5. Going into the 2019 Major League Baseball season the Twins had few question marks more glaring than what their bullpen would look like. Fast forward to season’s end and it was among the best units in baseball. That happened largely because of internal development, and Zack Littell was part of that. Acquired from the New York Yankees, Littell had pitched a brief 20.1 innings during the 2018 season. Working as both a starter and reliever in his debut year, he moved completely to the pen in 2019. Across 37.0 IP Littell posted a 2.68 ERA and 171 ERA+. While he wasn’t counted upon as one of Rocco Baldelli’s top arms, he consistently got the job done. Fast forward to 2020 and Littell seemed to quickly fall out of favor with the big-league club. He was given just 6.1 IP this past season, and after a disastrous debut in which he allowed three homers and four runs in just a single inning to White Sox hitters, there wasn’t much more opportunity from there. Ultimately Littell was DFA’d from the 40-man, and after passing through waivers unclaimed, was assigned to the alternate site in St. Paul. What Minnesota really has here is probably something in the middle of the two extremes. As good as the ERA was in 2020, Littell still owned a 3.62 FIP and whiffed just 7.8 per nine while allowing 2.2 free passes per nine. He saw nearly a 2 mph jump on his fastball velocity once moving to the pen full time, and the 12.8% swinging strike rate in 2019 was nearly double the mark set the year before. Without pitching in too many high leverage situations though, it was on the basis of a relatively untested arm. Given the emergence of guys like Tyler Duffey and Caleb Thielbar, opportunities dwindled for someone on the fringe. Minnesota tabbed Matt Wisler as a worthy project right away during the 2019 offseason however, and Littell feels like someone worth investing in this time around. Should the Twins not add him back to the 40-man, he’d be a free agent, but letting g of talent like that needing to fill spots in the pen seems foolish. There was next to no amount of normalization when it comes to production in 2020. With the season being just 60 games, a small sample size was the absolute best you’d be able to get. Having chopped up opportunity as Littell did, and seemingly losing his stature during the first week of the season, it’d be great to see him compete with a traditional runway once again. If Minnesota is truly going to shave payroll in response to decreased revenues during 2020, then making sure there’s an adequate amount of low-cost, high-performing talents internally is a must. That may mean there’s a revolving door for some spots until they get it right, but it can’t mean moving on from options prior to determining what is truly there. Zack Littell looks the part of a bounce-back contributor next season and giving up on that possibility when he’s just 25-years-old would be a mistake. For more from Off The Baggy, click here. Follow @tlschwerz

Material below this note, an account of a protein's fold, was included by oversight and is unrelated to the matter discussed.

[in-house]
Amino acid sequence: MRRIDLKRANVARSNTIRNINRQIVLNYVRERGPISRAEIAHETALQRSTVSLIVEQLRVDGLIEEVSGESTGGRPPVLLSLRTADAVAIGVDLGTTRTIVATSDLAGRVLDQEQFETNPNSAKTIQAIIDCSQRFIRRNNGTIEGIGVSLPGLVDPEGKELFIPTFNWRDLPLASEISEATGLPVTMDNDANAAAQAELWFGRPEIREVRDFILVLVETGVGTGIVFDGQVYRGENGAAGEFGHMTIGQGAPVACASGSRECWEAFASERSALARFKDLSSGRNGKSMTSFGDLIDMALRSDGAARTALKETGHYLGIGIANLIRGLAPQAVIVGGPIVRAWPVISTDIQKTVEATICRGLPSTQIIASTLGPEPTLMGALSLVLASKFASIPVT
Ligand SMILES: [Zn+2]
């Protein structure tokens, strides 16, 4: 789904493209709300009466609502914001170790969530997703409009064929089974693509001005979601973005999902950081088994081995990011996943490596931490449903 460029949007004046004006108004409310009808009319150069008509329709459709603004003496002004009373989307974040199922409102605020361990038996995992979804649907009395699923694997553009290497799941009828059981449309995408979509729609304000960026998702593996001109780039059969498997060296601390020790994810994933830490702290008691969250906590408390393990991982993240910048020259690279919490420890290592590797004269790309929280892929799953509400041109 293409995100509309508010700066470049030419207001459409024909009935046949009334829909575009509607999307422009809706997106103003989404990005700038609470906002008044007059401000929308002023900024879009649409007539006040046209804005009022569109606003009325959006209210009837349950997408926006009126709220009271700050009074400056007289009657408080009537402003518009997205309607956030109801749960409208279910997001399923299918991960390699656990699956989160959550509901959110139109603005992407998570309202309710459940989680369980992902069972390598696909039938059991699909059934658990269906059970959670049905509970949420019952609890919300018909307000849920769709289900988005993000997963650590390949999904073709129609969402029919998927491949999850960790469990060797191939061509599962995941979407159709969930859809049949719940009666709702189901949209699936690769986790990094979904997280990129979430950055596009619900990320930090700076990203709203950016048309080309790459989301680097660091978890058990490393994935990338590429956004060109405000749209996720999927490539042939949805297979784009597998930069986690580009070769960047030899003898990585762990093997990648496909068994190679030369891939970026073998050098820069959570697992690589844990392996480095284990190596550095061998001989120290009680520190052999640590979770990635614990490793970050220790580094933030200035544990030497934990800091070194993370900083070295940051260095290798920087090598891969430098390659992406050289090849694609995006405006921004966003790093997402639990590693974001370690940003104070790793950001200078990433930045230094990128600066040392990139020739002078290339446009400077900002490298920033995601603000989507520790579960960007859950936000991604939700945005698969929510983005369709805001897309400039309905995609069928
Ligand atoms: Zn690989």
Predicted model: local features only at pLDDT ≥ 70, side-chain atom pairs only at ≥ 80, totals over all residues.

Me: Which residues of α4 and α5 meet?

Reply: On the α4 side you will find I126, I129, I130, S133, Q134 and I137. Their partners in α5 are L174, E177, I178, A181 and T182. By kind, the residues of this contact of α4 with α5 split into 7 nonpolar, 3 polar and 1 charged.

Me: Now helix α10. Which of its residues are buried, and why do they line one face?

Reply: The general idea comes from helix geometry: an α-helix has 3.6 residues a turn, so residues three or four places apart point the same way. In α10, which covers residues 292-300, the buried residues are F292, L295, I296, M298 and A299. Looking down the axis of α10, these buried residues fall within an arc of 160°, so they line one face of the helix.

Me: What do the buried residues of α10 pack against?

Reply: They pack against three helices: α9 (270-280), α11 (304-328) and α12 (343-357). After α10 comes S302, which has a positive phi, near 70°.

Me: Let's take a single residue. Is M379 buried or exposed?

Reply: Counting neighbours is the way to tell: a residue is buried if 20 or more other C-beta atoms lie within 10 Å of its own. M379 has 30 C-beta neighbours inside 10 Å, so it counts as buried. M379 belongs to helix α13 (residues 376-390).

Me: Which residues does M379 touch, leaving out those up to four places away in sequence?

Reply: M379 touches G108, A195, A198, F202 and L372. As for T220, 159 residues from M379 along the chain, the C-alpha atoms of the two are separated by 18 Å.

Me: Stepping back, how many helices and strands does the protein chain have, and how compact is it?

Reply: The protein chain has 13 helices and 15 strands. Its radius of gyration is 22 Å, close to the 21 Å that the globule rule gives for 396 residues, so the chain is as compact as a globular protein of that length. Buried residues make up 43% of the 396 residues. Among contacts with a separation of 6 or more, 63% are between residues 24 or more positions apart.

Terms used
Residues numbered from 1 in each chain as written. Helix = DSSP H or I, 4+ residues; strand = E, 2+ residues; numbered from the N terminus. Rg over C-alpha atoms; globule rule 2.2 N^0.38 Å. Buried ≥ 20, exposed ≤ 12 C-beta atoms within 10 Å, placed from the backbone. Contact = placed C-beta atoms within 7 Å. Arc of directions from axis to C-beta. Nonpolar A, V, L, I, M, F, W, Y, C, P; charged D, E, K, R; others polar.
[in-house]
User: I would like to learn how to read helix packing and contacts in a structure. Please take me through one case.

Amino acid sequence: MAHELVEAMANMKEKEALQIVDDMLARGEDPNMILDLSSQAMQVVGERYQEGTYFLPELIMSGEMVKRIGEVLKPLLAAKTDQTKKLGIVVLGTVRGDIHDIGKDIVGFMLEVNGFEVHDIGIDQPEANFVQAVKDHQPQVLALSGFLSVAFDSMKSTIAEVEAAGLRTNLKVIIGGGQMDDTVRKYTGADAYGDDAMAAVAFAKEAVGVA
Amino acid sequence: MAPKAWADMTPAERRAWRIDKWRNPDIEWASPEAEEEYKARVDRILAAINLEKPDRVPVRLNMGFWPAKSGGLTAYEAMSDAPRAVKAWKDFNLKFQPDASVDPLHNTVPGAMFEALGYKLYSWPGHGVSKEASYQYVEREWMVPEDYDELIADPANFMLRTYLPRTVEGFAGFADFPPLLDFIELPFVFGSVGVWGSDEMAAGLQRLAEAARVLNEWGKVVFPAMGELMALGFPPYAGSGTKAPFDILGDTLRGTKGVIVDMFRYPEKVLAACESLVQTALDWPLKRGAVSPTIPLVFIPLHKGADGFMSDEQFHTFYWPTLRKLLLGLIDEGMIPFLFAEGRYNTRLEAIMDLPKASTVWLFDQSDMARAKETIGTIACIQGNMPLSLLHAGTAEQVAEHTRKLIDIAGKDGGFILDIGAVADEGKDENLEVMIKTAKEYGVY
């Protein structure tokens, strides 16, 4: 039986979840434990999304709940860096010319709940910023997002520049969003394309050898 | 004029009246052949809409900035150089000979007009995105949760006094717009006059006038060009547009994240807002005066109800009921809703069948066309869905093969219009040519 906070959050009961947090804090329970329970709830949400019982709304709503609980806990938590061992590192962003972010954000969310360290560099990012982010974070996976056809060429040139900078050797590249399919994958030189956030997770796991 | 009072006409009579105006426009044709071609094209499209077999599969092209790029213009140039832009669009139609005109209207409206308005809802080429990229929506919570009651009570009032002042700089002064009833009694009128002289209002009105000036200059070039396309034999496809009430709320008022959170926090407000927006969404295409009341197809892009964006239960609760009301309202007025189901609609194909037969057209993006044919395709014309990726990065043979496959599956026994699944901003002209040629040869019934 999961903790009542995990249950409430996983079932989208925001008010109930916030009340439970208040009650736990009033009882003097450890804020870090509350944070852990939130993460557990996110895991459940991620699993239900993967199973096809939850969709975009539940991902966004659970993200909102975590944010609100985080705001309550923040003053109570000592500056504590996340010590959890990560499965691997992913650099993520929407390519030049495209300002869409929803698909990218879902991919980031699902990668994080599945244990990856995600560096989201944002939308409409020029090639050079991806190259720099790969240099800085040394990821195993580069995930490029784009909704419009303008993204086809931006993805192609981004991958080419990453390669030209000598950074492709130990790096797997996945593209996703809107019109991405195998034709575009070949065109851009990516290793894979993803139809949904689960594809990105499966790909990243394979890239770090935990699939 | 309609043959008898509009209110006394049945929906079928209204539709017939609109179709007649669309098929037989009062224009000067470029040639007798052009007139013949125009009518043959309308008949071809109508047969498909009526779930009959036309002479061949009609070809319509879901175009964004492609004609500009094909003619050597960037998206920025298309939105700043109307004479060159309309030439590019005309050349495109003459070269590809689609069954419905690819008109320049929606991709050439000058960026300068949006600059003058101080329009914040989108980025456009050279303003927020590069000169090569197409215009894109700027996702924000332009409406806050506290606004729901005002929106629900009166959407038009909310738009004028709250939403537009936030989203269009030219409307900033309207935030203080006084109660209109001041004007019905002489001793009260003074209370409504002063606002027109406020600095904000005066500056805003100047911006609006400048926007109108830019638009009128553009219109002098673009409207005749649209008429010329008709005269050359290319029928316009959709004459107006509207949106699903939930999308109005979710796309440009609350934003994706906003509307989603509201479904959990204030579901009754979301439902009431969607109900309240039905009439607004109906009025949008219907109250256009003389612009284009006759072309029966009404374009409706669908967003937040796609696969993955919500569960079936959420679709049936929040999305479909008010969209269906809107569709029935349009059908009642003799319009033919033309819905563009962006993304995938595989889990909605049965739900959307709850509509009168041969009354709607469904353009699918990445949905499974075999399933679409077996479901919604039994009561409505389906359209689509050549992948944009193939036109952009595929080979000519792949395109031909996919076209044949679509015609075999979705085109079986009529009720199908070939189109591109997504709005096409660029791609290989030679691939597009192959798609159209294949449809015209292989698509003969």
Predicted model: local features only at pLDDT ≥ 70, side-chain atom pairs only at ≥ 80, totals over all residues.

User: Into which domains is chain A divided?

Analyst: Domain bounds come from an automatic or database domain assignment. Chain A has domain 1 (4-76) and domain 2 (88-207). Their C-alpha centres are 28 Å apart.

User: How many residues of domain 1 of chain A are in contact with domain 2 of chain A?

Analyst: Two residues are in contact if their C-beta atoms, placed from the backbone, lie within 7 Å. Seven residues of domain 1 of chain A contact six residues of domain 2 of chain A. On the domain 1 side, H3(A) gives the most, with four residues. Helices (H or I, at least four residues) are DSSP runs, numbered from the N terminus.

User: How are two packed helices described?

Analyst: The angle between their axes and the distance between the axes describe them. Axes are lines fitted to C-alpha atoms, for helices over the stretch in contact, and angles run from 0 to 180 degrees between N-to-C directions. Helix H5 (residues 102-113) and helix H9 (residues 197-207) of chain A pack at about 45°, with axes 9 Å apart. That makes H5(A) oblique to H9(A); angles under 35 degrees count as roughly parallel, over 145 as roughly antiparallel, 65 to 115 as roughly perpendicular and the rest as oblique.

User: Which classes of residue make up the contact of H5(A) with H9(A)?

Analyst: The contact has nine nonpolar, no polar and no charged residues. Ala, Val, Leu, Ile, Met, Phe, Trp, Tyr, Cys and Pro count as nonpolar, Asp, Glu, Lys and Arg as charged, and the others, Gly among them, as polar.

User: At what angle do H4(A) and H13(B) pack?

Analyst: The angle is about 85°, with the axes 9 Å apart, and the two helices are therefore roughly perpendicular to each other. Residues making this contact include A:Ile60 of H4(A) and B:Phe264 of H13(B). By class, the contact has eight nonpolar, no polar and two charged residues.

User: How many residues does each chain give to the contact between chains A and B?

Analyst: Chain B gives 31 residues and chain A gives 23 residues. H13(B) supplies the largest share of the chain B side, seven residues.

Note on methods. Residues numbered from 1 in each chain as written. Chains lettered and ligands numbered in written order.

6. This week at Twins Daily, we will be handing out our 2020 Twins Awards. So far we have named the team’s Best Rookie and Most Improved players. Today, we discuss the team’s top pitchers. Upon completion of the season, our panel of 23 Twins Daily writers voted on the four annual Twins Daily Awards. Asked to rank their top four pitchers, ten Twins pitchers received votes. It won’t surprise anyone to learn that this year’s choice for Twins Daily Pitcher of the Year was unanimous.Voting for pitcher of the year can be difficult. How do you compare a starting pitcher who may work 160-200 innings to a top relief pitcher who might throw 60 innings, but most of them are very high leverage? That distinction becomes even more difficult in 2020 when the top starting pitchers threw 63-67 innings and the top relievers threw just 20-25 innings due to the COVID-shortened, 60-game season. Yes, voting for Best Pitcher can be quite difficult, at times. This year, the choice was really quite easy as all 23 Twins Daily voters gave their first-place vote to Kenta Maeda. He was the easy choice for Twins Pitcher of the Year, and more important, everything the Twins needed. When Maeda came to the Twins before spring training from the Dodgers in exchange for Brusdar Graterol, it was met with mixed feelings. The Twins gave up a top pitching prospect, though one who most assumed would fit in a bullpen. In return, they received Maeda who had put up five quality seasons in Los Angeles. His numbers were fairly equitable to those Jose Berrios had put up in recent years. Maeda found himself in the bullpen late in his seasons with the Dodgers, and he remained in the bullpen in the playoffs. Was it for contractpurposes, or was it because he was best serving his team by pitching, very well, in the playoffs? Coming to the Twins, he was excited about his role with the Twins, and he pitched so well that there was never any consideration of moving him to the bullpen. Maeda led the Twins with 66 2/3 innings in 11 starts. His six wins tied Randy Dobnak for most on the team. His 2.70 ERA was two-thirds of a run better than his previous career-low and was 61% better than league average. His 0.75 WHIP was best on the team, 0.04 lower than Tyler Duffey in over 42 more innings. His previous career-low was 1.07. His 1.4 BB/9 tied Tyler Clippard for the best on the team. His 10.8 K/9 was best among Twins starters. He never worked less than five innings in any of his 11 starts. He never gave up more than three runs in an outing. On August 18th against the Brewers, he had a no-hitter into the ninth inning. At one point in that same game, he struck out an organization-high eight consecutive batters. His previous career high in fWAR was 2.9. He recorded 2.1 fWAR in 60 games in 2020 and was on pace for a 5.7 fWAR in a full season. By almost every pitching measure, Kenta Maeda put together the best season of his MLB career and easily the best season by a Twins pitcher. PITCH-MIX CHANGES With the Twins, Maeda made some adjustments to his pitch mix. In 2019, he threw 37% fastballs. In 2020, he threw just 26% fastballs. He increased his slider percentage from 31% to 40% In addition, he increased his changeup usage from 24% to 29% He spoke about working with the Twins and knowing that his changeup was good enough to use versus left-handers as well as right-handers. By throwing more sliders against right-handed hitters, and more changeups versus left-handed hitters, he was able to get more swinging strikes inside and outside the strike zone. Along with that, batters had a career low exit velocity and Hard Hit % against him. The numbers speak for themselves. Maeda pitched better than anyone else in 2020. Just as important, Maeda provided the Twins with a top-of-the-rotation starter that they have not had in recent years. He provided the team with consistency and reliability that it needed. OTHER CANDIDATES Tyler Duffey was the top bullpen arm for most of the season. He was used in the highest leverage situations and came through most times out. Matt Wisler, our choice for Most Improved Twins player in 2020, provided quality pitching regardless of what role he was used in this season. He was an Opener, a Closer and pretty much everything in between. Tyler Clippard doesn’t overpower anyone, but he had a fantastic season pitching in a variety of roles Randy Dobnak tied Maeda for the team lead in wins. He was a strong candidate for AL Rookie of the Year for the first month of the season before a late-season fade pushed him down to St. Paul. Jose Berrios struggled for the first month, but he finished really strong. Rich Hill quietly put together a strong September. Others who deservingly received votes: Michael Pineda, Jorge Alcala, Sergio Romo. THE BALLOTS Here’s a look at the ballots from our 23 voters. But first... how would your ballot look? Here are the results from the Twins Daily Twitter poll: Seth Stohs: 1) Kenta Maeda, 2) Tyler Duffey, 3) Jose Berrios, 4) Matt Wisler Nick Nelson: 1) Kenta Maeda, 2) Tyler Duffey, 3) Jose Berrios, 4) Rich Hill John Bonnes: 1) Kenta Maeda, 2) Tyler Duffey, 3) Jose Berrios, 4) Sergio Romo Tom Froemming: 1) Kenta Maeda, 2) Jose Berrios, 3) Tyler Duffey, 4) Matt Wisler Andrew Gebo: 1) Kenta Maeda, Matt Wisler, 3) Tyler Duffey, 4) Randy Dobnak AJ Condon: 1) Kenta Maeda, 2) Matt Wisler, 3) Tyler Clippard, 4) Tyler Duffey Cody Christie: 1) Kenta Maeda, 2) Tyler Duffey, 3) Jose Berrios, 4) Matt Wisler Cody Pirkl: 1) Kenta Maeda, 2) Michael Pineda, 3) Tyler Duffey, 4) Randy Dobnak Cooper Carlson: 1) Kenta Maeda, 2) Tyler Duffey, 3) Jose Berrios, 4) Matt Wisler Jeremy Nygaard: 1) Kenta Maeda, 2) Tyler Duffey, 3) Jose Berrios, 4) Tyler Clippard Lucas Seehafer: 1) Kenta Maeda, 2) Tyler Duffey, 3) Matt Wisler, 4) Jose Berrios Matt Braun: 1) Kenta Maeda, 2) Jose Berrios, 3) Tyler Clippard, 4) Tyler Duffey Matt Lenz: 1) Kenta Maeda, 2) Tyler Duffey, 3) Michael Pineda, 4) Tyler Clippard Matthew Taylor: 1) Kenta Maeda, 2) Tyler Duffey, 3) Matt Wisler, 4) Jose Berrios Matthew Trueblood:1) Kenta Maeda, 2) Tyler Duffey, 3) Matt Wisler, 4) Randy Dobnak Nash Walker: 1) Kenta Maeda, Tyler Duffey, 3) Randy Dobnak, 4) Matt Wisler Nate Palmer: 1) Kenta Maeda, 2) Tyler Clippard, 3) Tyler Duffey, 4) Michael Pineda Patrick Wozniak: 1) Kenta Maeda, 2) Jose Berrios, 3) Tyler Duffey, 4) Matt Wisler Derek Wetmore: 1) Kenta Maeda, 2) Tyler Duffey, 3) Jose Berrios, 4) Tyler Clippard Steve Lein: 1) Kenta Maeda, 2) Tyler Duffey, 3) Tyler Clippard, 4) Randy Dobnak Renabanena: 1) Kenta Maeda, 2) Matt Wisler, 3) Randy Dobnak, 4) Tyler Duffey Ted Schwerzler: 1) Kenta Maeda, 2) Michael Pineda, 3) Randy Dobnak, 4) Matt Wisler Thiéres Rabelo: 1) Kenta Maeda, 2) Matt Wisler, 3) Tyler Duffey, 4) Jorge Alcala POINTS Kenta Maeda: 92 Tyler Duffey: 56 Matt Wisler: 25 Jose Berrios: 25 Tyler Clippard: 12 Michael Pineda: 9 Randy Dobnak: 8 Rich Hill: 1 Jorge Alcala: 1 Sergio Romo: 1 Leave a comment and make your case. PREVIOUS PITCHER OF THE YEAR WINNERS 2015: Kyle Gibson 2016: Ervin Santana 2017: Ervin Santana 2018: Jose Berrios 2019: Taylor Rogers OTHER 2019 AWARD WINNERS Rookie of the Year: Ryan Jeffers Most Improved: Matt Wisler Pitcher of the Year: Kenta Maeda Most Valuable Player: Coming tomorrow Click here to view the article